Aug 8th 2019
Consider the following facts as you wend your way to the Guggenheim Museum and its uppermost gallery, where you will presently find The Death of Michael Stewart (1983), Basquiat’s gut-punching tribute to a slain artist, and the centerpiece for an exhibition that could hardly be more timely.
Jul 22nd 2019
It’s worth remembering, then, that we are not designed to be consistently happy. Instead, we are designed to survive and reproduce. These are difficult tasks, so we are meant to struggle and strive, seek gratification and safety, fight off threats and avoid pain. The model of competing emotions offered by coexisting pleasure and pain fits our reality much better than the unachievable bliss that the happiness industry is trying to sell us. In fact, pretending that any degree of pain is abnormal or pathological will only foster feelings of inadequacy and frustration. Postulating that there is no such thing as happiness may appear to be a purely negative message, but the silver lining, the consolation, is the knowledge that dissatisfaction is not a personal failure. If you are unhappy at times, this is not a shortcoming that demands urgent repair, as the happiness gurus would have it. Far from it. This fluctuation is, in fact, what makes you human.
Jul 10th 2019

 

The eight-mile ‘river of flowers’ that grows alongside a motorway nea
Jul 5th 2019
"........since World War II, 97% of unimproved grassland habitats have vanished from the UK. This has contributed to the loss of pollinating insects – and the distribution of one third of species has shrunk since 1980."
Jun 25th 2019
"For many of us, eating a meal containing meat is a normal part of daily life. But if we dig deeper, some sobering issues emerge. Every year, 66 billion terrestrial animals are slaughtered for food. Predictions are that meat consumption will rise, with increasing demand for meat from China and other Asian countries as their standards of living increase. The impact of grazing animals on the environment is devastating. They produce 18% of the world’s greenhouse gases, and livestock farming is a major contributor to species extinctions."
Jun 22nd 2019
"Throughout history, people who have gained positions of power tend to be precisely the kind of people who should not be entrusted with it. A desire for power often correlates with negative personality traits: selfishness, greed and a lack of empathy. And the people who have the strongest desire for power tend to be the most ruthless and lacking in compassion."
Jun 21st 2019
"In this era of Trump, it should perhaps come as no surprise to find supposed experts lacking in historical perspective. Yet it is still disappointing to find this deficit in the New York Times, which prides itself on clinging to a pursuit of the truth. So it is a bit sad to read the plaintive cry of Allison Schrager’s op-ed of May 17, lamenting that the domination of art markets by the super-rich will somehow force smaller galleries to go out of business, and imperil the careers of young artists."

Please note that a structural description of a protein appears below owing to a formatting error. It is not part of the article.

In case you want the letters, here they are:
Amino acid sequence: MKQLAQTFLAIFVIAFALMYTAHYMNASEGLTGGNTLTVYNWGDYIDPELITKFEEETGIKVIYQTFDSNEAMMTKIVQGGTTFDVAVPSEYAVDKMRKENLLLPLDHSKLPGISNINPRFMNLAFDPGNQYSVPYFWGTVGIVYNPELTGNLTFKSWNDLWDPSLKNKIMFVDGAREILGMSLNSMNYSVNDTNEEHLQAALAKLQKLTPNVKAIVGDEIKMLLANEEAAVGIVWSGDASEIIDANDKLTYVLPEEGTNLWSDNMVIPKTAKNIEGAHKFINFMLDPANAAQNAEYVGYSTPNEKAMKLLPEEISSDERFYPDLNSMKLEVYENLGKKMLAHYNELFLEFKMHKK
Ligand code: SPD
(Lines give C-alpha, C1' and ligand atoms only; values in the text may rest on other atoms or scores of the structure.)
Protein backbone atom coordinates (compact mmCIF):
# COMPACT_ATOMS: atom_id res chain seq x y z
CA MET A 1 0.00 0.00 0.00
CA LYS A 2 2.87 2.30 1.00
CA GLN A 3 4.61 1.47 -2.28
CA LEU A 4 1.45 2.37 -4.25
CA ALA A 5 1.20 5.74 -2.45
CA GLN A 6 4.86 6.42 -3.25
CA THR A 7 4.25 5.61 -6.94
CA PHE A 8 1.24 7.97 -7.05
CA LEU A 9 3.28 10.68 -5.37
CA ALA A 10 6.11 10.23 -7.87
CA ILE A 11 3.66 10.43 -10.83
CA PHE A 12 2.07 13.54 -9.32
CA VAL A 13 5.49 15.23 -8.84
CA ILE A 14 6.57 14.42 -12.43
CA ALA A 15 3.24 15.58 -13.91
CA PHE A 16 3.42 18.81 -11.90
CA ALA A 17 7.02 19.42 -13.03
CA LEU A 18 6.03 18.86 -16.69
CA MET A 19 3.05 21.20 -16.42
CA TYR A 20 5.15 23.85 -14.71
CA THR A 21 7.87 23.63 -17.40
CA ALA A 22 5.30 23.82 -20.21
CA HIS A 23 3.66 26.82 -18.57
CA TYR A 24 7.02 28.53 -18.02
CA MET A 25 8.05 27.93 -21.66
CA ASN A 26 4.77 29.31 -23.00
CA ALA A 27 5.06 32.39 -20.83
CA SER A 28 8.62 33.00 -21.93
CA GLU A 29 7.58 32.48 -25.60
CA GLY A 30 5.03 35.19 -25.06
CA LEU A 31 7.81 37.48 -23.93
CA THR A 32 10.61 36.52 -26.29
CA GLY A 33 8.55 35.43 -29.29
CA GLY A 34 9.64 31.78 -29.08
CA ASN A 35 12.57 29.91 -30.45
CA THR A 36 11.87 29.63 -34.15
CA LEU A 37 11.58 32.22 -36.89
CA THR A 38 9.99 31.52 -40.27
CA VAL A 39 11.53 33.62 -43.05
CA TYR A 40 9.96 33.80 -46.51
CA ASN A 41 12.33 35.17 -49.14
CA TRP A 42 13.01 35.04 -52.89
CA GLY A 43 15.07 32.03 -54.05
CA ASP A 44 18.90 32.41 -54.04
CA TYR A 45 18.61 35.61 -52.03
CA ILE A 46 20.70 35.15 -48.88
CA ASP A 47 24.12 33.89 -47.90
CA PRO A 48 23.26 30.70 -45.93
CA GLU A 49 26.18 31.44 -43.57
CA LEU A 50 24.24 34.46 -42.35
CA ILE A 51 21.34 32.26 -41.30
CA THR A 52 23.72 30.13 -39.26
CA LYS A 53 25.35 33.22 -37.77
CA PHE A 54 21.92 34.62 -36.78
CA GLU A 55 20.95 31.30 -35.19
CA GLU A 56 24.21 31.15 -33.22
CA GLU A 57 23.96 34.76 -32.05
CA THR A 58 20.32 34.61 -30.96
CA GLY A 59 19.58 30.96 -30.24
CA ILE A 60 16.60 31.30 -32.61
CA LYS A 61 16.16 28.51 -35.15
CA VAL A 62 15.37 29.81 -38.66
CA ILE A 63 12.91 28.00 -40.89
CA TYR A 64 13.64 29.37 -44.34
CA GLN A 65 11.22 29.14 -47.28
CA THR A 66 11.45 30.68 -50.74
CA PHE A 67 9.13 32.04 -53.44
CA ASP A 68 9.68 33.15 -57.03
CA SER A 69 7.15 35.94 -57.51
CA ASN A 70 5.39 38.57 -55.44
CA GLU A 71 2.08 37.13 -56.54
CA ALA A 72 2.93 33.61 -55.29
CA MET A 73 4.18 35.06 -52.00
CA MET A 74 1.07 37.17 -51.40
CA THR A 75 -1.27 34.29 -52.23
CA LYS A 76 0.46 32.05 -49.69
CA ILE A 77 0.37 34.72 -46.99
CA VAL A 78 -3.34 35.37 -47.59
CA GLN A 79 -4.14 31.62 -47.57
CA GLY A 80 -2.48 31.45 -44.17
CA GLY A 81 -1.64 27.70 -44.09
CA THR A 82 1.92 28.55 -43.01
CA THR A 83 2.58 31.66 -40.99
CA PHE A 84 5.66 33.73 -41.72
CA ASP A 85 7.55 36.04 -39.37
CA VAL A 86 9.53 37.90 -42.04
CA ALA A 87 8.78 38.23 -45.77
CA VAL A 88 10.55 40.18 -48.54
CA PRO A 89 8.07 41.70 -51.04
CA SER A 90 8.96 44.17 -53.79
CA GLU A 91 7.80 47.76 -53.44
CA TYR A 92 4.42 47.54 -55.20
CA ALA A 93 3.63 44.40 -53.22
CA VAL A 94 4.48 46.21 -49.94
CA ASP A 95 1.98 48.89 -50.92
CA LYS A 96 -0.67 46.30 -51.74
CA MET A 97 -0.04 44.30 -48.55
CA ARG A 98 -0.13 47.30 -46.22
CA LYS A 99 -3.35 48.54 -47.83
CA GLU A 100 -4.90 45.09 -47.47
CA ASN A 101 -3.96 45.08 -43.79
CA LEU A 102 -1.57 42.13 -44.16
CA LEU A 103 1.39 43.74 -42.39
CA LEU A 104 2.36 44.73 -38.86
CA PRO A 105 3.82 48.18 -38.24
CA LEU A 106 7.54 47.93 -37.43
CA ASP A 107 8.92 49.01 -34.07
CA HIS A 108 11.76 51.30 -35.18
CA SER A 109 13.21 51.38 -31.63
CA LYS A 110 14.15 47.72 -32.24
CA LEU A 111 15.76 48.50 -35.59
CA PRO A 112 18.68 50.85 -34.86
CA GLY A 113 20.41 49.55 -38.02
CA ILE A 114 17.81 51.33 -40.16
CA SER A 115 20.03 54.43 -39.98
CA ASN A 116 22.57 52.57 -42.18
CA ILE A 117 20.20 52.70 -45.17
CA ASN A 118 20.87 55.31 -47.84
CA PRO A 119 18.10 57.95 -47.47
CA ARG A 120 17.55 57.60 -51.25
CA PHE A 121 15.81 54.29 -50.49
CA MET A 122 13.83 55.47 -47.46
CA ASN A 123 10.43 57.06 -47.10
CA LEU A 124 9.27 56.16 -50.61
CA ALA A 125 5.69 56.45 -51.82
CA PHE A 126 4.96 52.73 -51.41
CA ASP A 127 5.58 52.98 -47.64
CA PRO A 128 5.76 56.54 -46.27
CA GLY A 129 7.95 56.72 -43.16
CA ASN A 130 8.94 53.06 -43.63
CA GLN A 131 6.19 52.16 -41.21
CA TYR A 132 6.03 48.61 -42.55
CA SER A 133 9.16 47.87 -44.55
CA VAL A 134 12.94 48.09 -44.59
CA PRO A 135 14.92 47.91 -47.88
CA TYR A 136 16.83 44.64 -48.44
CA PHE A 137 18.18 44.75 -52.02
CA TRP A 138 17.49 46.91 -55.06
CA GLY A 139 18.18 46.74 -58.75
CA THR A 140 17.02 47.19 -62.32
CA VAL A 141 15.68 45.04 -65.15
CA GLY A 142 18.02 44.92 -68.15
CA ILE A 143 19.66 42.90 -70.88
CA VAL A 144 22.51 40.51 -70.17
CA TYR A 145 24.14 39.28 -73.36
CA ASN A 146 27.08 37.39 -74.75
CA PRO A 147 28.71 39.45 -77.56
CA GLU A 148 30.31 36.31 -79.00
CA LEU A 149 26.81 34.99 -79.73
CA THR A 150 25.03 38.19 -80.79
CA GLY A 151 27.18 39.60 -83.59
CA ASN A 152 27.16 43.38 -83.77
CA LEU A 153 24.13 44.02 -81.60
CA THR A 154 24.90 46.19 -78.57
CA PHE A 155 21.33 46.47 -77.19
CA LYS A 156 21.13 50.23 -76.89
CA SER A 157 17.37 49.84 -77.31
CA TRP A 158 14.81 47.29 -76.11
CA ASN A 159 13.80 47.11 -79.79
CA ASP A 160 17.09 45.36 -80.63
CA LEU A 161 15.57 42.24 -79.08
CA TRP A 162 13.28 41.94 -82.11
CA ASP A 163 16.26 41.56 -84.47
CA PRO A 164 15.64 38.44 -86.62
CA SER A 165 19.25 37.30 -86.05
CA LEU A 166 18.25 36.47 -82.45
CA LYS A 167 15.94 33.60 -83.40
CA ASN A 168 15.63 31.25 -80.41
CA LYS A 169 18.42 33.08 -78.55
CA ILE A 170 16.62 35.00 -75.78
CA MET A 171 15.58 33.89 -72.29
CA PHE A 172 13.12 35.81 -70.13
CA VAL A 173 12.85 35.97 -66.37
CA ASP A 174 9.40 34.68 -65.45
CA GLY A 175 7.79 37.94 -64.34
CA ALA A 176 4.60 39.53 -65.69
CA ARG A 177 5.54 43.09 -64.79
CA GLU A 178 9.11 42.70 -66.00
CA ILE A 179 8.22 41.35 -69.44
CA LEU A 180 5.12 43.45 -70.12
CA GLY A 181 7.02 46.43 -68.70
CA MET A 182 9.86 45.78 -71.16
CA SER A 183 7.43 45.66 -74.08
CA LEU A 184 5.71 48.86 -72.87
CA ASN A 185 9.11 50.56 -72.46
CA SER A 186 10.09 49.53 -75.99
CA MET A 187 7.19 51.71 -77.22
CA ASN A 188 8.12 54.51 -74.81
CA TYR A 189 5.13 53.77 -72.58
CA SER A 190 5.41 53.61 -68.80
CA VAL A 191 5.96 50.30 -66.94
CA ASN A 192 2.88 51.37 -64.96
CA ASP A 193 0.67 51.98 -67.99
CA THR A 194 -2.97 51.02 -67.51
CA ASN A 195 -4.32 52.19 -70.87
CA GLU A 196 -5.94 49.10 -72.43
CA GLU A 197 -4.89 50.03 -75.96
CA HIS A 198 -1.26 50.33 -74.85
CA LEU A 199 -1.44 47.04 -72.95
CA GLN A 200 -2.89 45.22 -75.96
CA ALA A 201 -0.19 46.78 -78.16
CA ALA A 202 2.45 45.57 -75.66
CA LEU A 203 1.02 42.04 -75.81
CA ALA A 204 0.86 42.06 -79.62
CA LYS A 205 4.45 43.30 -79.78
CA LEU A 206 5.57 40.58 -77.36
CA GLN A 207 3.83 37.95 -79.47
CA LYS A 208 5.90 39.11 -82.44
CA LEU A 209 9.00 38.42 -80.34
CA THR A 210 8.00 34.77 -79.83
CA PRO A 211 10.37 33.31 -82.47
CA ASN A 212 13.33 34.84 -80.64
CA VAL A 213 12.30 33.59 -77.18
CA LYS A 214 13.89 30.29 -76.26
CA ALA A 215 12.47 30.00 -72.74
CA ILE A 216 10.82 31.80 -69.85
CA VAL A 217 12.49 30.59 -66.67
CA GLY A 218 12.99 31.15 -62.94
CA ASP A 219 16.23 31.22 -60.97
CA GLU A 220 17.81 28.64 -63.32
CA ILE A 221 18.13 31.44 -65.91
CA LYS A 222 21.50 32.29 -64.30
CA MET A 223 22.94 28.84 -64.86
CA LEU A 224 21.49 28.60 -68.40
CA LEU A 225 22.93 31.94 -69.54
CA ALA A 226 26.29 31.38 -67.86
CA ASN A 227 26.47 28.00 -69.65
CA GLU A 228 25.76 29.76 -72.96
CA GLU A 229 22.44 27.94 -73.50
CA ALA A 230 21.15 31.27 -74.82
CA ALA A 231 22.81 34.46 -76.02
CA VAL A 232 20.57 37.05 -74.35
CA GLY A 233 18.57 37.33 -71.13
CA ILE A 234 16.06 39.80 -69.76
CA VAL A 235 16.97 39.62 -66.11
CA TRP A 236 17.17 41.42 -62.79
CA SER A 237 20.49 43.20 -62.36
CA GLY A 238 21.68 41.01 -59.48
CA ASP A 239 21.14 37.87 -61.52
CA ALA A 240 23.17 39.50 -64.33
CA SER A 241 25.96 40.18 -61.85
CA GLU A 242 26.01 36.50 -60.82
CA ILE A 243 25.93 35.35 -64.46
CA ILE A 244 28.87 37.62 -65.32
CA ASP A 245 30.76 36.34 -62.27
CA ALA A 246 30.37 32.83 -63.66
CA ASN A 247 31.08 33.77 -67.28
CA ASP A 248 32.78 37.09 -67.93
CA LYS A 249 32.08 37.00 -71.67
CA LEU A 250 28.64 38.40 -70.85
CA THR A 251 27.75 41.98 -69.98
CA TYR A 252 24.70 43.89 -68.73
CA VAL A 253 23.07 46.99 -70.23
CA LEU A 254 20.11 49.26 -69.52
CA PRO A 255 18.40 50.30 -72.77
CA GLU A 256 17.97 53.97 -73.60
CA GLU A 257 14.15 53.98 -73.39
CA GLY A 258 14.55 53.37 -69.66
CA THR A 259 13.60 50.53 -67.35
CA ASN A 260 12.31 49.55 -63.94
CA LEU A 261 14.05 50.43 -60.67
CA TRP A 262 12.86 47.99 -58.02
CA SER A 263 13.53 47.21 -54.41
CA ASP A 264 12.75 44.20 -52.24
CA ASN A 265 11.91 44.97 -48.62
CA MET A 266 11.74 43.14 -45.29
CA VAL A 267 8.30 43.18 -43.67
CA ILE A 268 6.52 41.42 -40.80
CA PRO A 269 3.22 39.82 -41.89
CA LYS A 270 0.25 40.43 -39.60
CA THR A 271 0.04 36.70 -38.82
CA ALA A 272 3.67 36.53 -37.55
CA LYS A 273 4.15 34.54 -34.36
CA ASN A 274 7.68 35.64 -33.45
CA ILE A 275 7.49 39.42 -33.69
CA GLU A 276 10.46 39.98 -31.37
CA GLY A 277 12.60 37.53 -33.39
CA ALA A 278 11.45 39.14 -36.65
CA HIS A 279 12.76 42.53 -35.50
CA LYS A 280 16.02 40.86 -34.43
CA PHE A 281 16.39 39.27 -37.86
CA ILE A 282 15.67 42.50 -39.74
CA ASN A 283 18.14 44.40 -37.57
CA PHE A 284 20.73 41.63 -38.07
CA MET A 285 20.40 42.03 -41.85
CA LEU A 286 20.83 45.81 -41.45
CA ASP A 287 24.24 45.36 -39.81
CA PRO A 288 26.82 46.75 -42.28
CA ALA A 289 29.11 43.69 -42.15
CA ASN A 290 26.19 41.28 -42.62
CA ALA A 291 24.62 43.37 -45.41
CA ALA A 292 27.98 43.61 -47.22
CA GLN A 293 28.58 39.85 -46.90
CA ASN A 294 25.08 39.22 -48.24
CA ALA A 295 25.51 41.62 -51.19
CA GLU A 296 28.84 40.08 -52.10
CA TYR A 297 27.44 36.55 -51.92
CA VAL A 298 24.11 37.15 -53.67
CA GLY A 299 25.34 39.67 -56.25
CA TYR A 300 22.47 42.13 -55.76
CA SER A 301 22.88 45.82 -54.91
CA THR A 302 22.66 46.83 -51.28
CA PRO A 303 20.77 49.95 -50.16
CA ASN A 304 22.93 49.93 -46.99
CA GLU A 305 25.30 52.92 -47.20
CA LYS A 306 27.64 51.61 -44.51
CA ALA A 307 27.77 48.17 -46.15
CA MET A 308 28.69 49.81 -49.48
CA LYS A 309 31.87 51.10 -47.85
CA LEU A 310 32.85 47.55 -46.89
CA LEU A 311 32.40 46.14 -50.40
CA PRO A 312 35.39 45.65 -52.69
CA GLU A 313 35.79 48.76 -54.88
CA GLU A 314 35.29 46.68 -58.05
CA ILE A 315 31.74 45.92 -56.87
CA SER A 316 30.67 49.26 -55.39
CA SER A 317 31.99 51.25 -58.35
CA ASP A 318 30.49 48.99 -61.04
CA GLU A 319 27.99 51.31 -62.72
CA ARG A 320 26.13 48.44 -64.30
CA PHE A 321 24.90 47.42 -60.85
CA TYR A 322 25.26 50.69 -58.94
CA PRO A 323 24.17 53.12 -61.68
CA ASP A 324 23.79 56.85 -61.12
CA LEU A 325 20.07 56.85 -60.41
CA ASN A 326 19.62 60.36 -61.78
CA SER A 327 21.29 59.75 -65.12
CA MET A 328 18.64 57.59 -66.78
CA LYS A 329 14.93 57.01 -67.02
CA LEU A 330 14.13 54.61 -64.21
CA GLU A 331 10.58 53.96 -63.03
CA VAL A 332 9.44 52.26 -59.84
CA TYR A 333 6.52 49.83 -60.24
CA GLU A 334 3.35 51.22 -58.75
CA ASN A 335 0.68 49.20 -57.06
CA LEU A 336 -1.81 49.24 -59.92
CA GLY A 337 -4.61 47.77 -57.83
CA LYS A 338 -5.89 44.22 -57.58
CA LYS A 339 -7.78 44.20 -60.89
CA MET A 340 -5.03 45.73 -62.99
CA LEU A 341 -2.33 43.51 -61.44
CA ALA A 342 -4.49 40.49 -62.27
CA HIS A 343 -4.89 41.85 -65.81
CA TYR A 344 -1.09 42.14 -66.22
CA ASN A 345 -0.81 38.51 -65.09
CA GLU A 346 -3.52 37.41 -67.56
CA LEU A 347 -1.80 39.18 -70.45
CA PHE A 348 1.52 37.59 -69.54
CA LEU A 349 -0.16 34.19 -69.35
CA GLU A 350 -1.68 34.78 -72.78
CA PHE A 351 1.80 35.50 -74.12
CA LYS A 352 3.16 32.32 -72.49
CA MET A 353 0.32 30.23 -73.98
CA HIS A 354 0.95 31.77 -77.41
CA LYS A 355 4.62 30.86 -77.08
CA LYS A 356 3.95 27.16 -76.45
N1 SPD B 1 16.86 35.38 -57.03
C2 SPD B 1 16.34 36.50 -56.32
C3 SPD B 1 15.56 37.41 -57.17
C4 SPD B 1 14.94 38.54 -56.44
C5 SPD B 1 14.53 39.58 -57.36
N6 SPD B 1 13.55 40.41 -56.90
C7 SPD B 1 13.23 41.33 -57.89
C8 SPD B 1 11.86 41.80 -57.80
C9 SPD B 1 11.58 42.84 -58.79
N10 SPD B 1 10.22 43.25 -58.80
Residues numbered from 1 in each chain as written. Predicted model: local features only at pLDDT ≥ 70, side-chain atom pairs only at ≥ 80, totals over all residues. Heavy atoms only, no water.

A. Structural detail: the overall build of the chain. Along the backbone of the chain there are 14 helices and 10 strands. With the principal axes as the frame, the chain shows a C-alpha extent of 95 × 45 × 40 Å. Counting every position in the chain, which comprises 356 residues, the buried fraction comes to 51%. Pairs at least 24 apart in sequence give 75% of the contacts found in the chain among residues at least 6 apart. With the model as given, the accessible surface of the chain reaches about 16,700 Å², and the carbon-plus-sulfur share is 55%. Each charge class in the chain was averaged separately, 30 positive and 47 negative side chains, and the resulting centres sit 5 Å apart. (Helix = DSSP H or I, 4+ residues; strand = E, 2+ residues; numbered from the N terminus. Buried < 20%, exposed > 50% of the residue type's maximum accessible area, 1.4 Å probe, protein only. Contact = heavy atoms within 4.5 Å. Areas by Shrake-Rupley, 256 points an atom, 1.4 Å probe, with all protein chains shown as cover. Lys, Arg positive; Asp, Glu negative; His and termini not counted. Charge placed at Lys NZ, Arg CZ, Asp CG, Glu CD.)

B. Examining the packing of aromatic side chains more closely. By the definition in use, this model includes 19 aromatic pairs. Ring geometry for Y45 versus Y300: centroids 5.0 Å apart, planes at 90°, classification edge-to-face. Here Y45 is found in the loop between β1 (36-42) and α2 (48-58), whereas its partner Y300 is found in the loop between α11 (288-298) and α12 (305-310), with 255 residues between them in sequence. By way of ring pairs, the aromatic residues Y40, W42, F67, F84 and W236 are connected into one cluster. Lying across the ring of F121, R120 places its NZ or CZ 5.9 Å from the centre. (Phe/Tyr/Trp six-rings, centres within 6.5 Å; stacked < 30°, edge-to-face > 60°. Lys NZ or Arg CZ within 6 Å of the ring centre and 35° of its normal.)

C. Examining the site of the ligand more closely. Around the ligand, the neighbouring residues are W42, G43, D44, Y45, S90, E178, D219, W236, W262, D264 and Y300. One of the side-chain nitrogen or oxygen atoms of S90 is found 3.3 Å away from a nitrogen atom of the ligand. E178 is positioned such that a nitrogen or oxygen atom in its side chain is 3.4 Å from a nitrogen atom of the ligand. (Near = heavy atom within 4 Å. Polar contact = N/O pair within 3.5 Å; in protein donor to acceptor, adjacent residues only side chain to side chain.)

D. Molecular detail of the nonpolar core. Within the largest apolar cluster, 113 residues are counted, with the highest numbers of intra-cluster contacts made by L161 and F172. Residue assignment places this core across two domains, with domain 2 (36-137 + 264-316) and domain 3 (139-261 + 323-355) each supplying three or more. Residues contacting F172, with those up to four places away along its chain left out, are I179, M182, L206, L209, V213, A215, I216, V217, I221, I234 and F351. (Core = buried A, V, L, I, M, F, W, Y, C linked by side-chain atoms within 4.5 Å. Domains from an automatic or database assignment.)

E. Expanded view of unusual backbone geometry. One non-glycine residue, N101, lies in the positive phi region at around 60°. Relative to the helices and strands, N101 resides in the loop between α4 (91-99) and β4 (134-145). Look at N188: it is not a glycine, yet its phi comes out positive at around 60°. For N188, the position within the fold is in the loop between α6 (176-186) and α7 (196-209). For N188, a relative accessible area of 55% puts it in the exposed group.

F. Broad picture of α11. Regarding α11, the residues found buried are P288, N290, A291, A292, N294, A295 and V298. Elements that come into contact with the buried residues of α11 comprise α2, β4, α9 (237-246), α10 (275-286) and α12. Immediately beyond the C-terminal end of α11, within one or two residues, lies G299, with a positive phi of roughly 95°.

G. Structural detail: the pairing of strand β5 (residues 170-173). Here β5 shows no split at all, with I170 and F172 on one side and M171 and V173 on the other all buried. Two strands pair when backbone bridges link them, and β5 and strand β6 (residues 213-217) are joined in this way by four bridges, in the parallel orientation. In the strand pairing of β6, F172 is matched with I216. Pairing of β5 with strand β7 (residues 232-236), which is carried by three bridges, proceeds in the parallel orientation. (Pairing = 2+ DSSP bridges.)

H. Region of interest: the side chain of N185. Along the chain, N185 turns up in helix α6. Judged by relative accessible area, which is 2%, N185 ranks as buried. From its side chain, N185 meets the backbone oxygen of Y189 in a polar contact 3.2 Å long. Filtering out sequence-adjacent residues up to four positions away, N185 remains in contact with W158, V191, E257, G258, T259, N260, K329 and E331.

Jun 17th 2019
Extract: "ust as an earlier generation resisted the limiting post-War era "white middle class" definition of being American by giving birth to an awakening of cultural pluralism and ethnic pride, it falls to our generation to fight for an expanded view of the idea of being American that rejects the narrow view projected by Trump and white nationalists. The idea of America isn't theirs. It's bigger than they are and unless our national cohesion is to unravel, this challenge must be met by projecting an inclusive vision of America that celebrates our inclusive national identity in an increasingly globalized world."
May 28th 2019
Whatever other attributes Homo sapiens may have – and much is made of our opposable thumbs, upright walking and big brains – our capacity to impact the environment far and wide is perhaps unprecedented in all of life’s history. If nothing else, we humans can make an almighty mess.
Apr 29th 2019
A century ago, unspeakable horrors took place on every continent that were known only to the victims and the perpetrators. Not so today. As a result of advances in communications – from the telegraph and radio to satellite television and the internet – the pain and loss of global tragedies are brought home to us in real time.   Because of this expanding consciousness, the post-World War II era has witnessed the rise of visionary leaders and the birth of countless organizations dedicated to alleviating suffering and elevating the causes of peace, human rights, and tolerance among peoples. Individually and collectively, they have championed the rights of peoples in far-flung corners of the world, some of which had been previously unknown to those who became their advocates. These same leaders and groups have also fought for civil rights and for economic, social, political, and environmental justice in their own countries.